Birds’ lives are now an open book with digital technology shining the spotlight on all the activity at the nest.
One of the most endearing thing about birds is how much of their lives are lived on view, out in the open.
We watch them drinking and bathing, foraging for food and eating it, resting on perches and even copulating. We can observe nearly every aspect of avian life — except for the most important of all, their lives as parents. That’s almost always been hidden, tucked away inside a cup nest back in a shrub or within a tree cavity.
Now we’re right there, shoulder to shoulder with parent birds, figuratively perched on the rim of the nest. We watched a female red-tailed hawk lay her eggs last year in a stick nest atop an athletic field light pole in Ithaca, N.Y., and then share nest duties with her mate. We’re entranced by a fluffy puffin chick in an underground burrow on an island off the Maine coast, attacking a fish brought in by its parent.
We were on pins and needles as a pair of majestic bald eagles incubated three eggs during Minnesota’s weeks of late winter cold. And thousands laughed out loud at the antics a year ago of five gawky great blue heron chicks as they explored their stick nest in Ithaca and jockeyed for the front row when a parent flew in with food.
Bird’s eye view
Welcome to the era of “nest cams,” providing live and intimate looks into birds at their nests, using the latest in broadband Internet and video streaming. There are thousands of cameras around the world pointed at bird nests, sharing live images with their avid audiences. Anyone with a computer can tune in at any time of day to view the nest activity, all the way from egg laying to fledglings departing.
Fans of webcams find this access to be almost magical, and are fascinated by each new wrinkle as chicks hatch and grow. There are those of us who even become emotionally invested in the infant birds, and spend hours conversing in chat rooms that accompany some camera operations.
Eagle watchers in 100 countries around the world visited the Minnesota Department of Natural Resources’ eagle cam site earlier this year, logging more than a half million visits to view a pair of bald eagles fighting snow and cold to incubate their very early eggs.
“This gave people a taste of the lives of wildlife without leaving their homes,” says Lori Naumann, who headed up the eagle cam project for the DNR’s Nongame Wildlife Program. She noted that such cameras require a great deal of weather protection in climates like ours.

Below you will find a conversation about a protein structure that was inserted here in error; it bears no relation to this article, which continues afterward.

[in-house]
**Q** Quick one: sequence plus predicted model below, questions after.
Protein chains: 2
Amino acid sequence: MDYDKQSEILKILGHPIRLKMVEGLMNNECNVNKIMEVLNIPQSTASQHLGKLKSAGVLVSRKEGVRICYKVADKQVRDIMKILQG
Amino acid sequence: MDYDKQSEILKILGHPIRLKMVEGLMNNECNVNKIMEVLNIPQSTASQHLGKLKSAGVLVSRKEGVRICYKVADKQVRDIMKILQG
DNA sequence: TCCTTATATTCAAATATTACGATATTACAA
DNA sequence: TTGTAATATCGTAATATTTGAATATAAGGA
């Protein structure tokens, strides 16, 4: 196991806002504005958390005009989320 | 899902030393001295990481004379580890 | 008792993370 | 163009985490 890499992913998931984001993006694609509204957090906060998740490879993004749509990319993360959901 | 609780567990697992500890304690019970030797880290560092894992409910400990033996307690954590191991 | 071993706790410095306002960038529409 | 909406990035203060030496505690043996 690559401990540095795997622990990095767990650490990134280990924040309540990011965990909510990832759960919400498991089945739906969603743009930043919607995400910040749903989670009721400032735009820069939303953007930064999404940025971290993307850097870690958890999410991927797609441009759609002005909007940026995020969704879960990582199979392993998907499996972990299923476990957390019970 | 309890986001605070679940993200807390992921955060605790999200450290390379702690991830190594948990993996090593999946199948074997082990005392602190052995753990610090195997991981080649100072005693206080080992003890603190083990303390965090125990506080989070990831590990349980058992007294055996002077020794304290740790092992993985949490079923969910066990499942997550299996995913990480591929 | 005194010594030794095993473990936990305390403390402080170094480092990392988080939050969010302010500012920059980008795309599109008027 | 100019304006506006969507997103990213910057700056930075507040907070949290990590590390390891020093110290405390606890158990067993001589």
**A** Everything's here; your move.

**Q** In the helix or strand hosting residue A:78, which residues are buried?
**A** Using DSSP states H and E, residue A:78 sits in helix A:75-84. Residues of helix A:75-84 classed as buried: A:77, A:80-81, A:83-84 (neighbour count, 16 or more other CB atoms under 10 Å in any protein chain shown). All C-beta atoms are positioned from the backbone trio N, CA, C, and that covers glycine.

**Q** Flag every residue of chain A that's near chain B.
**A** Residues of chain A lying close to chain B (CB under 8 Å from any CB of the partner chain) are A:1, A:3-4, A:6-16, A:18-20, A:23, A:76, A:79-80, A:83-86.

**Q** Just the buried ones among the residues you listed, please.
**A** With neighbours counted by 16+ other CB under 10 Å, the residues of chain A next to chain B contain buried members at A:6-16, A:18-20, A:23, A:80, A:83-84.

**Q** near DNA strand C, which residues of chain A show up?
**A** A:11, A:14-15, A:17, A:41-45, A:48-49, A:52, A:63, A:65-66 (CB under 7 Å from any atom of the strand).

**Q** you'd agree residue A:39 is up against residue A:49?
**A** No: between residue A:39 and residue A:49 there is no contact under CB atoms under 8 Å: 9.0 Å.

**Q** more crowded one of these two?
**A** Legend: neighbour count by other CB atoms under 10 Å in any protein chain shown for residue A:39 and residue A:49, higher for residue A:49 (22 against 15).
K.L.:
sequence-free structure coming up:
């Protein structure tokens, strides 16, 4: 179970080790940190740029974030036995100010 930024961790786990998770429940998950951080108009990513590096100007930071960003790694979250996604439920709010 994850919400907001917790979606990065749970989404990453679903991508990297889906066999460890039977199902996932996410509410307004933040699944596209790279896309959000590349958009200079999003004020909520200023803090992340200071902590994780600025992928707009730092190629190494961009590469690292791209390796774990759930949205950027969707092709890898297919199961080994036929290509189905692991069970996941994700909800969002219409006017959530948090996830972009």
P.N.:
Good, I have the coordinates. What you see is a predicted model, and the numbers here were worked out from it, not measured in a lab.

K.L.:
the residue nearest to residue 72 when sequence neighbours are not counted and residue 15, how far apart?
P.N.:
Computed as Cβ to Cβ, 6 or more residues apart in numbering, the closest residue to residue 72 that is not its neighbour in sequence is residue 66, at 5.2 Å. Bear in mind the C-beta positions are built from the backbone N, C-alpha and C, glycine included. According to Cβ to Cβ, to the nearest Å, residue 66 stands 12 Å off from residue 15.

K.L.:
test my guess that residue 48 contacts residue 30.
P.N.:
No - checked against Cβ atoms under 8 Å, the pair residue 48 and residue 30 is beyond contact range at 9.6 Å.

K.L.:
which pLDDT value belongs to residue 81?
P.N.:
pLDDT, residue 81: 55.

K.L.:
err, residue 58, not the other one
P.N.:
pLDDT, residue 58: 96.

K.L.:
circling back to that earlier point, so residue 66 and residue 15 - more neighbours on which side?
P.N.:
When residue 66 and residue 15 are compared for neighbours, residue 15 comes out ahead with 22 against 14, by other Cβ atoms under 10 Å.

As millions watched
Last year’s red-tailed hawk and great blue heron nest cams set up by the Cornell Lab of Ornithology each recorded more than 2 million viewers, a phenomenal number. Each setup featured video and sound, so viewers could both see and hear all the action. The Lab’s chat rooms reverberated with viewer’s concerns (“Isn’t it too cold for the babies?”; “What if a chick falls out of the nest?”; “Are they getting enough food?”), patiently answered by staff and volunteers.
“Our nest cams offer an intimate perspective into the everyday lives of birds, providing something both ordinary and extraordinary,” says Charles Eldermire, who heads up the Cornell Lab project. “This is a very empowering and engaging tool to connect people with birds and the natural world.”
A down side?
Is all this voyeurism a good thing? Nest cams are set up so they don’t hinder the birds at the nest. They attract a broad spectrum of people, many of whom may not have been much interested in birds before tuning in. Another plus: Both the Nongame Wildlife Program and Cornell Lab enjoyed increased traffic to their organizations’ other Web pages by those who started out on the webcam sites.
The only possible downside is that nature is unpredictable and can appear cruel to the uninitiated. The eagles’ eggs failed to hatch, after weeks of incubation, all on view on the DNR site, and cameras elsewhere have recorded the deaths of chicks or destruction of nests by predators. Most nest cam operators will not intervene, letting nature take its course.
Overall, says Cornell’s Eldermire, the cameras are having an “overwhelmingly positive impact on raising awareness about birds.”